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Albert HAHN
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We the people called United Methodists are facing difficult challenges. Many are neglected, disappointed, rejected and wounded. In a time like this, it is natural for us to be less gracious toward one another and even to ourselves. Yet, I pray that we will summon as much grace as we can, even as (or especially as) we fail to shine Christ’s light. While I do not doubt Dan Dick’s disappointments at some (or many) delegates are real, I pray that we will do all we can to delay our judgement on each other and ourselves. Questions like “why can’t we… Read more »
keith
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Why do we keep fighting ? No hearts or minds are or will be changed. This is gut level stuff, all the meetings and demonstrations will not help. Prayer does not seem to be working. Is Methodism expecting a miracle. I believe in miracles , but do not include them in my plan. Lets just privatize the retirement system, give all the churches their property, divide the swag and depart as frienemies. Some years ago we paid a consulting firm for a big reorganization plan, that went into the round file. If we had spent that money on a separation… Read more »
Richard F Hicks
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When the hymn in the headline was written it was relevant. It is no longer relevant. And, it is disrespectful to use in today’s context. The young Methodist preachers who rode horseback into and through the wilderness live short, rough and tumble lives. The question in the lyric was relevant then because many of those young circuit riders would die in the saddle or on their appointed circuit. Today we fat, cushioned, air conditioned Methodist place our fat butts and guts in cars and maybe preach once a week – inside. As my wife says, “If you’re not preaching at… Read more »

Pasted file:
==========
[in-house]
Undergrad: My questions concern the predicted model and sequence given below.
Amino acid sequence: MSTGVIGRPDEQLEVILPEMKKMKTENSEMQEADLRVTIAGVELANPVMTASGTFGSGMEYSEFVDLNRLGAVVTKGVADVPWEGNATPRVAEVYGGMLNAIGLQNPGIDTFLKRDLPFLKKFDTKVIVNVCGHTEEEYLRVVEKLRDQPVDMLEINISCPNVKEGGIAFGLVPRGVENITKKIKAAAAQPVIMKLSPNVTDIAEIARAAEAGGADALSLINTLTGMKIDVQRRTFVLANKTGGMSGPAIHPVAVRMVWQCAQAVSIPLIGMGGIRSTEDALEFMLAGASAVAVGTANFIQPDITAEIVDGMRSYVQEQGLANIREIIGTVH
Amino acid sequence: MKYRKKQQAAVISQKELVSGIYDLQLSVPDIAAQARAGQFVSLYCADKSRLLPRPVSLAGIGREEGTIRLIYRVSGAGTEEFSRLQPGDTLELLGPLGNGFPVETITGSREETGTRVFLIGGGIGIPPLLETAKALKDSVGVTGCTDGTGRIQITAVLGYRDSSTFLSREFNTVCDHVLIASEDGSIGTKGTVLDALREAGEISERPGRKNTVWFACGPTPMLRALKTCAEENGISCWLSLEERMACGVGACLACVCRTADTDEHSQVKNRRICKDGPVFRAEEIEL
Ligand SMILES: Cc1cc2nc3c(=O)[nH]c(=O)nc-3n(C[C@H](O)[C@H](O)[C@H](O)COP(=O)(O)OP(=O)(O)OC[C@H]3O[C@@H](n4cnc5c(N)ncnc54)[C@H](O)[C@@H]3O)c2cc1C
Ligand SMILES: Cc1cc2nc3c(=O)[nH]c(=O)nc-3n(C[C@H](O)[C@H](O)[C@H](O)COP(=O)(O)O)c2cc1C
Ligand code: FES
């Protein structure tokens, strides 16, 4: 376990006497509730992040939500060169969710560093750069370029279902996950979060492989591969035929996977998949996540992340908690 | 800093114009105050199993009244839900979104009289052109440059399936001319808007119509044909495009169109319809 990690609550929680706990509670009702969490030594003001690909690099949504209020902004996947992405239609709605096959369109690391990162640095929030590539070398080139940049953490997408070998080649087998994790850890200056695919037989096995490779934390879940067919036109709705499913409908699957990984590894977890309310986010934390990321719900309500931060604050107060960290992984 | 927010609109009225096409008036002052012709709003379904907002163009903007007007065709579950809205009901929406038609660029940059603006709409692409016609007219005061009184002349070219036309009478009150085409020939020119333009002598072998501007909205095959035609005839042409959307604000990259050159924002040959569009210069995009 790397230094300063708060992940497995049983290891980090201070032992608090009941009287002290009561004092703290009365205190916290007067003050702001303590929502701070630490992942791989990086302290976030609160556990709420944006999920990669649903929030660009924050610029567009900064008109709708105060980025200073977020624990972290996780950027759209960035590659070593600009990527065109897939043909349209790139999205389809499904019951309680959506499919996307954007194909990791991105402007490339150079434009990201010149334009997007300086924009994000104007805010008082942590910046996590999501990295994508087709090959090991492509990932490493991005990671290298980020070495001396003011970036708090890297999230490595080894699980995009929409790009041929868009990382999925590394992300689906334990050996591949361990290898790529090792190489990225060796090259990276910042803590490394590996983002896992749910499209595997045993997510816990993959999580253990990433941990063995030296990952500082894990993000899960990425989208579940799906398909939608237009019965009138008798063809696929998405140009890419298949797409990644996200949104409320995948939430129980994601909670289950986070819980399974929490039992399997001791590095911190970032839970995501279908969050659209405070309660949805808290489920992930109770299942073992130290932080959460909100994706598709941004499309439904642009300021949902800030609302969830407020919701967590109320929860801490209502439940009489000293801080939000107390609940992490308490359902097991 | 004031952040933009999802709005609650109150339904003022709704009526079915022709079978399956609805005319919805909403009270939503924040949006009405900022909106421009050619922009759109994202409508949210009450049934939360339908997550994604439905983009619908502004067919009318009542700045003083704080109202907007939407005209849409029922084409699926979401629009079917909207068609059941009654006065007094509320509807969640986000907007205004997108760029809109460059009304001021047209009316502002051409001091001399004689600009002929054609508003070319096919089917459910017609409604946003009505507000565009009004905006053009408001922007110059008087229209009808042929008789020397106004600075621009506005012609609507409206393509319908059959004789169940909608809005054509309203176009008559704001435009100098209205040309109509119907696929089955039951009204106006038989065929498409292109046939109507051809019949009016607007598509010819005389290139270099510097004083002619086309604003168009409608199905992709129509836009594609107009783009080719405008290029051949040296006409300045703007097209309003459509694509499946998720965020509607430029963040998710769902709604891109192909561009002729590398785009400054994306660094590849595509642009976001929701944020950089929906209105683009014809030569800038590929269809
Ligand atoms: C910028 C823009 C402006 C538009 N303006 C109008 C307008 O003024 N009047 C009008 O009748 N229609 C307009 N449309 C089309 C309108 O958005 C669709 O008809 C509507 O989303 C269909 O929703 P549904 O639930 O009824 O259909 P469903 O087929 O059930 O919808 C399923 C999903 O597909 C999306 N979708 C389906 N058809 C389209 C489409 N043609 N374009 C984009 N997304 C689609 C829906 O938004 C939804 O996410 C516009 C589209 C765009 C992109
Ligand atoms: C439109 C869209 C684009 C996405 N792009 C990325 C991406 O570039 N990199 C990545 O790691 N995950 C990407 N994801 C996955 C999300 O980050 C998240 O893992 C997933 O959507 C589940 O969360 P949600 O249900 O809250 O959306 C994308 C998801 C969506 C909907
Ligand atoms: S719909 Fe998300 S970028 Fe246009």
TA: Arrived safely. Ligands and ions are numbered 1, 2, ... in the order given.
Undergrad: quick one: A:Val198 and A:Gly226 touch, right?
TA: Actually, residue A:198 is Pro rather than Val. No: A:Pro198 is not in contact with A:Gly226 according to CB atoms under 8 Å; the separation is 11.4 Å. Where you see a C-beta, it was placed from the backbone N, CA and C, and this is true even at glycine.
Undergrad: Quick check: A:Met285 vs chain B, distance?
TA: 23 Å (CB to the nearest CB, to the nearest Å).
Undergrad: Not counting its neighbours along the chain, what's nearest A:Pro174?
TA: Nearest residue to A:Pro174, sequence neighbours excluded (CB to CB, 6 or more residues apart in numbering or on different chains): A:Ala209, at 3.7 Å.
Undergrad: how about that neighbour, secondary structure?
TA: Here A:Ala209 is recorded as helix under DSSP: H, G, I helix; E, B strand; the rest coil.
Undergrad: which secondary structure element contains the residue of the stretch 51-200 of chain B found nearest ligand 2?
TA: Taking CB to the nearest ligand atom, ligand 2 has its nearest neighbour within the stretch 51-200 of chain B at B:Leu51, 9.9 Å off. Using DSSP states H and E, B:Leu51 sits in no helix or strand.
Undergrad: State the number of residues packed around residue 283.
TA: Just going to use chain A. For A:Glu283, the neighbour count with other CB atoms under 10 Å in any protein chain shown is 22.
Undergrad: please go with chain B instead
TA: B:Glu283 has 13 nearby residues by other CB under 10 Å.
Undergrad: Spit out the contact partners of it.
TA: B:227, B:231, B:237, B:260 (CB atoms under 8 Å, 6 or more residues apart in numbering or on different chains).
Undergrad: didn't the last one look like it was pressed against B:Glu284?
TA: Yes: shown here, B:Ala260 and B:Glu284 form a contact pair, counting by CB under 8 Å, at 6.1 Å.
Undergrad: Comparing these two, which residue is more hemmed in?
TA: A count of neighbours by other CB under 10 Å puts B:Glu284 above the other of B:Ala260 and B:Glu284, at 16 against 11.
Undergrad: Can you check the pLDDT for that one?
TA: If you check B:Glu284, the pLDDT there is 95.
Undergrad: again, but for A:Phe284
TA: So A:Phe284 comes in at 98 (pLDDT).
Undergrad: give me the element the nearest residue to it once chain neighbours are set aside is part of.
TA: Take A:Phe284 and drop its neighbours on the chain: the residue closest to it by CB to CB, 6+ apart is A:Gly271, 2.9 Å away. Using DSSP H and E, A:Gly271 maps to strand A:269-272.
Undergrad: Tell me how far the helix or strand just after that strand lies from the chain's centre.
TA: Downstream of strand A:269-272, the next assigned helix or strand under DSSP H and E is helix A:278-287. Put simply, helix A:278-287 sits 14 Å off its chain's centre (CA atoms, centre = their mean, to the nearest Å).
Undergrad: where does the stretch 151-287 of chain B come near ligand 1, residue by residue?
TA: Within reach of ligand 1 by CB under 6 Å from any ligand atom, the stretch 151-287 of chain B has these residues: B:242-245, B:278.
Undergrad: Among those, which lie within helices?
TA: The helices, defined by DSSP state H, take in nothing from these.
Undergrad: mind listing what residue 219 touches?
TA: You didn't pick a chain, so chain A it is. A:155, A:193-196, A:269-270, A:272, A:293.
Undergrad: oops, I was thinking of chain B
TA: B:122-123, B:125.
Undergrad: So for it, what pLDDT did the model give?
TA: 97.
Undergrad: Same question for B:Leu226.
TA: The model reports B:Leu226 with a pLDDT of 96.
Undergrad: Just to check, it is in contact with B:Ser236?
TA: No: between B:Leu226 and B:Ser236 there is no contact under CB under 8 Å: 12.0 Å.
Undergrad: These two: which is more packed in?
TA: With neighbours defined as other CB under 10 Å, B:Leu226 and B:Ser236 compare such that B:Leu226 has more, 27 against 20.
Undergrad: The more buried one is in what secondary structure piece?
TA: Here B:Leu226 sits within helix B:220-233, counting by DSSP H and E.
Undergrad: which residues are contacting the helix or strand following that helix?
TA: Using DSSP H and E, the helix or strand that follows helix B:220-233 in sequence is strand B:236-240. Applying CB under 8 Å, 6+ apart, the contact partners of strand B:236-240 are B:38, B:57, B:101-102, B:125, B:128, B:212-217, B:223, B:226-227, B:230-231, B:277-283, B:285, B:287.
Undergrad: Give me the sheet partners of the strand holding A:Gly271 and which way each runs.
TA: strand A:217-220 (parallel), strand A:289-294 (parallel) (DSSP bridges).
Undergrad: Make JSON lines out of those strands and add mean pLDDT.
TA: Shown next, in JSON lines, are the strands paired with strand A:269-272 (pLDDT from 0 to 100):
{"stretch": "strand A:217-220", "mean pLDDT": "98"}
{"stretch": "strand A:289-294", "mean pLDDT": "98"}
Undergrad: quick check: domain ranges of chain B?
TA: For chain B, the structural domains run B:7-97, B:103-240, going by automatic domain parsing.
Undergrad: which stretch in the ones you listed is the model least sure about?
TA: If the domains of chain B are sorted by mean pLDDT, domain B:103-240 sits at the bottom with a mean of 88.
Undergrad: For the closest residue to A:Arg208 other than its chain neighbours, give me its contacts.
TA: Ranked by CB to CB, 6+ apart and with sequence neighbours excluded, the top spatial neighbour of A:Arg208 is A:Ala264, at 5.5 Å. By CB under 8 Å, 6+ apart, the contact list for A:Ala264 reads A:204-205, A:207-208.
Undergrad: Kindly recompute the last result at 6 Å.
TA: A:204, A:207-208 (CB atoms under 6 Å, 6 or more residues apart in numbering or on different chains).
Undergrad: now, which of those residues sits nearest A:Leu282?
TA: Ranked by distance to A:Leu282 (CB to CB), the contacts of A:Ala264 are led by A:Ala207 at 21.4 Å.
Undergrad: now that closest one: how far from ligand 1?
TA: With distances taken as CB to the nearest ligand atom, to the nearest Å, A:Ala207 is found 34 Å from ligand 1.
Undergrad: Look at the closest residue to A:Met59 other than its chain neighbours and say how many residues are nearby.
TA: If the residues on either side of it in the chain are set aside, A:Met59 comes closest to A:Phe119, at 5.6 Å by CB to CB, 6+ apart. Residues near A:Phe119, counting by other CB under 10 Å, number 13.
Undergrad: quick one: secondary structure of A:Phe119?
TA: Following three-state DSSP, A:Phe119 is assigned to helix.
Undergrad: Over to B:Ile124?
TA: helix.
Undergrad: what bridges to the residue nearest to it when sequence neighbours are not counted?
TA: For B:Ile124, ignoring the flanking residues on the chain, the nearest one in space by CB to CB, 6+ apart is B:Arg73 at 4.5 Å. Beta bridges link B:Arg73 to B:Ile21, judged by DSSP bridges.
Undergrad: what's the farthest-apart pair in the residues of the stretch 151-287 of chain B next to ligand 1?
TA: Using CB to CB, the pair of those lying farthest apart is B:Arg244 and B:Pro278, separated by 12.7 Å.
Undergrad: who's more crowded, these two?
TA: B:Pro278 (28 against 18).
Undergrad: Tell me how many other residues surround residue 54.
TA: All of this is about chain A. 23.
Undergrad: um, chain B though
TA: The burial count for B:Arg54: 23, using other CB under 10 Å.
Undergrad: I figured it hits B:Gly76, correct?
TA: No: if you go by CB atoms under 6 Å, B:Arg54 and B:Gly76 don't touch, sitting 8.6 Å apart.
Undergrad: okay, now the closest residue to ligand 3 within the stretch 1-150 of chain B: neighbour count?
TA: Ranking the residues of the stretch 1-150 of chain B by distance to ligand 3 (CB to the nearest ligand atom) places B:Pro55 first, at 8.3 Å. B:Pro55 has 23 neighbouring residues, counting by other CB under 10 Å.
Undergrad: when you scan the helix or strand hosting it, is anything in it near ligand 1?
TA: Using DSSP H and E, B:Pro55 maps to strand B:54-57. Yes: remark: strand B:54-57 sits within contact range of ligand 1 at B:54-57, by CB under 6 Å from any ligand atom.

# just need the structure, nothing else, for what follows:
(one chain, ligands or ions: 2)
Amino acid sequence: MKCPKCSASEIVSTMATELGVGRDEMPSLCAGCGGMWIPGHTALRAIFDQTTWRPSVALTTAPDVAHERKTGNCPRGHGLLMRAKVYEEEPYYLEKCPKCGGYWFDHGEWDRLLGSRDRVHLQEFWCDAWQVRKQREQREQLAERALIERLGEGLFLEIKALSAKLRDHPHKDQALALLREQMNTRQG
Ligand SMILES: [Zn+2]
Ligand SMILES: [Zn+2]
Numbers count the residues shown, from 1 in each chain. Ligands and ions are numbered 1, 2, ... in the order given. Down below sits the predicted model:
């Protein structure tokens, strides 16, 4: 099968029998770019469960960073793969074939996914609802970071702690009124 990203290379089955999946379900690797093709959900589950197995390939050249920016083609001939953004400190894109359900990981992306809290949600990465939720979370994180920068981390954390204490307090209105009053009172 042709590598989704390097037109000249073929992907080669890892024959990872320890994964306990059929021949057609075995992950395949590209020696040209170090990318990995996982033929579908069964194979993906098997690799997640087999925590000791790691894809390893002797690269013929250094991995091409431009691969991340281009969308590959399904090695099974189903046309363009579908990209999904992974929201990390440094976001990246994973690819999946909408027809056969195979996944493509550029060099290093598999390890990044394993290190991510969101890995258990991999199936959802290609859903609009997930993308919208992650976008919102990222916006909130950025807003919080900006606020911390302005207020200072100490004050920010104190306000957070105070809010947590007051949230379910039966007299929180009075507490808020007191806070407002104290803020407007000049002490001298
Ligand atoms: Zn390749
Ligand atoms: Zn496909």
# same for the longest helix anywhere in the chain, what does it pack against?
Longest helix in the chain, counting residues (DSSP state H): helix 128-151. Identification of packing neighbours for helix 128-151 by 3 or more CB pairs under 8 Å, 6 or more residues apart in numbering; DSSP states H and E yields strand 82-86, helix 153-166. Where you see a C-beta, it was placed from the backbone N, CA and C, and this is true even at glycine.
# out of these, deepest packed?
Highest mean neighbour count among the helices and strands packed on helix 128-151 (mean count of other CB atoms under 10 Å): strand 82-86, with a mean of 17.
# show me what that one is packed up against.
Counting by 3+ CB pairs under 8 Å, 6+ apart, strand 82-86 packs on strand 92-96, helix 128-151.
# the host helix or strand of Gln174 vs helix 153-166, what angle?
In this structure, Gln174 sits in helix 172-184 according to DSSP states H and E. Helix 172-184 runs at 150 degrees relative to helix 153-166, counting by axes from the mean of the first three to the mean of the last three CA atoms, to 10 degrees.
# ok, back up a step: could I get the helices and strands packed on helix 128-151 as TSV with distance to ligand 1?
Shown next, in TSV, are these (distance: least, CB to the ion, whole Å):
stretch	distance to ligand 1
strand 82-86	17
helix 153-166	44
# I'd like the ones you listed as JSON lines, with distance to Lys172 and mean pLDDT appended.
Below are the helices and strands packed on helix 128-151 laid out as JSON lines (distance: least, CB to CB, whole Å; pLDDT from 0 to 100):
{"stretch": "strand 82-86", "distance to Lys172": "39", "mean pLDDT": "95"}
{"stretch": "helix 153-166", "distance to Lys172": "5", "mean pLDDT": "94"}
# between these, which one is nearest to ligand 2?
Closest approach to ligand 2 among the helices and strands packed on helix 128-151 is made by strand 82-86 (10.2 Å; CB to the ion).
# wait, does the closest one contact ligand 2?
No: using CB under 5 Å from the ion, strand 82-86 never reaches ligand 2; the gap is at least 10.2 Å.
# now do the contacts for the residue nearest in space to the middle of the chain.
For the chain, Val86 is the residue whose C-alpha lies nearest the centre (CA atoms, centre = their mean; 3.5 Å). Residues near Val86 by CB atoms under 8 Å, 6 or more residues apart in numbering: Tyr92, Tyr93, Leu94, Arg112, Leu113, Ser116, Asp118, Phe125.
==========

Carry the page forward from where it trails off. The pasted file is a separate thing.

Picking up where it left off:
Pat Stroman
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I believe you have defined a form of death. That makes the hymn as relevant as it was in circuit rider times. Spiritual death is as deadly to the church as physical death.

Earl
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RE: hymn relevance, with respect, your norm is not normative for most pastors. Many preach twice on Sunday AM, again in the afternoon and again that evening. Further, they do not simply ride from one preaching engagement to another. They have to do work that no horse riding circuit rider ever did, work for which those early pastors were not equipped, etc. And, unlike those riders of yesteryear, these pastors cannot simply put a problem congregation/issue in their rear view mirror until next four to six weeks later. They engage with their congregations in a local context 25 hours a… Read more »
James Wlung
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Our chickens are coming home to roost, and the initial wave are merely scouts for a wave that will blot out the sun.

David Reinholz
Guest

Perhaps the Church would be served by limiting how many times a person (clergy or lay) can serve as a delegate to GC. How can we address the issue of “entitlement”? Thoughts?

Pat Stroman
Guest

It is not significantly different from the chaos that was GC in Portland in 1976 or the 7 other times I was a delegate. The bureaucracy see that the majority of delegates are members of the boards and agencies. The rule 44 was a classic example of “preserve the bureaucracy. The major difference that I have seen is the computerization. In 1976, we dealt with over 8,000 petitions in paper form. The oppositions are better organized and positions are hardened.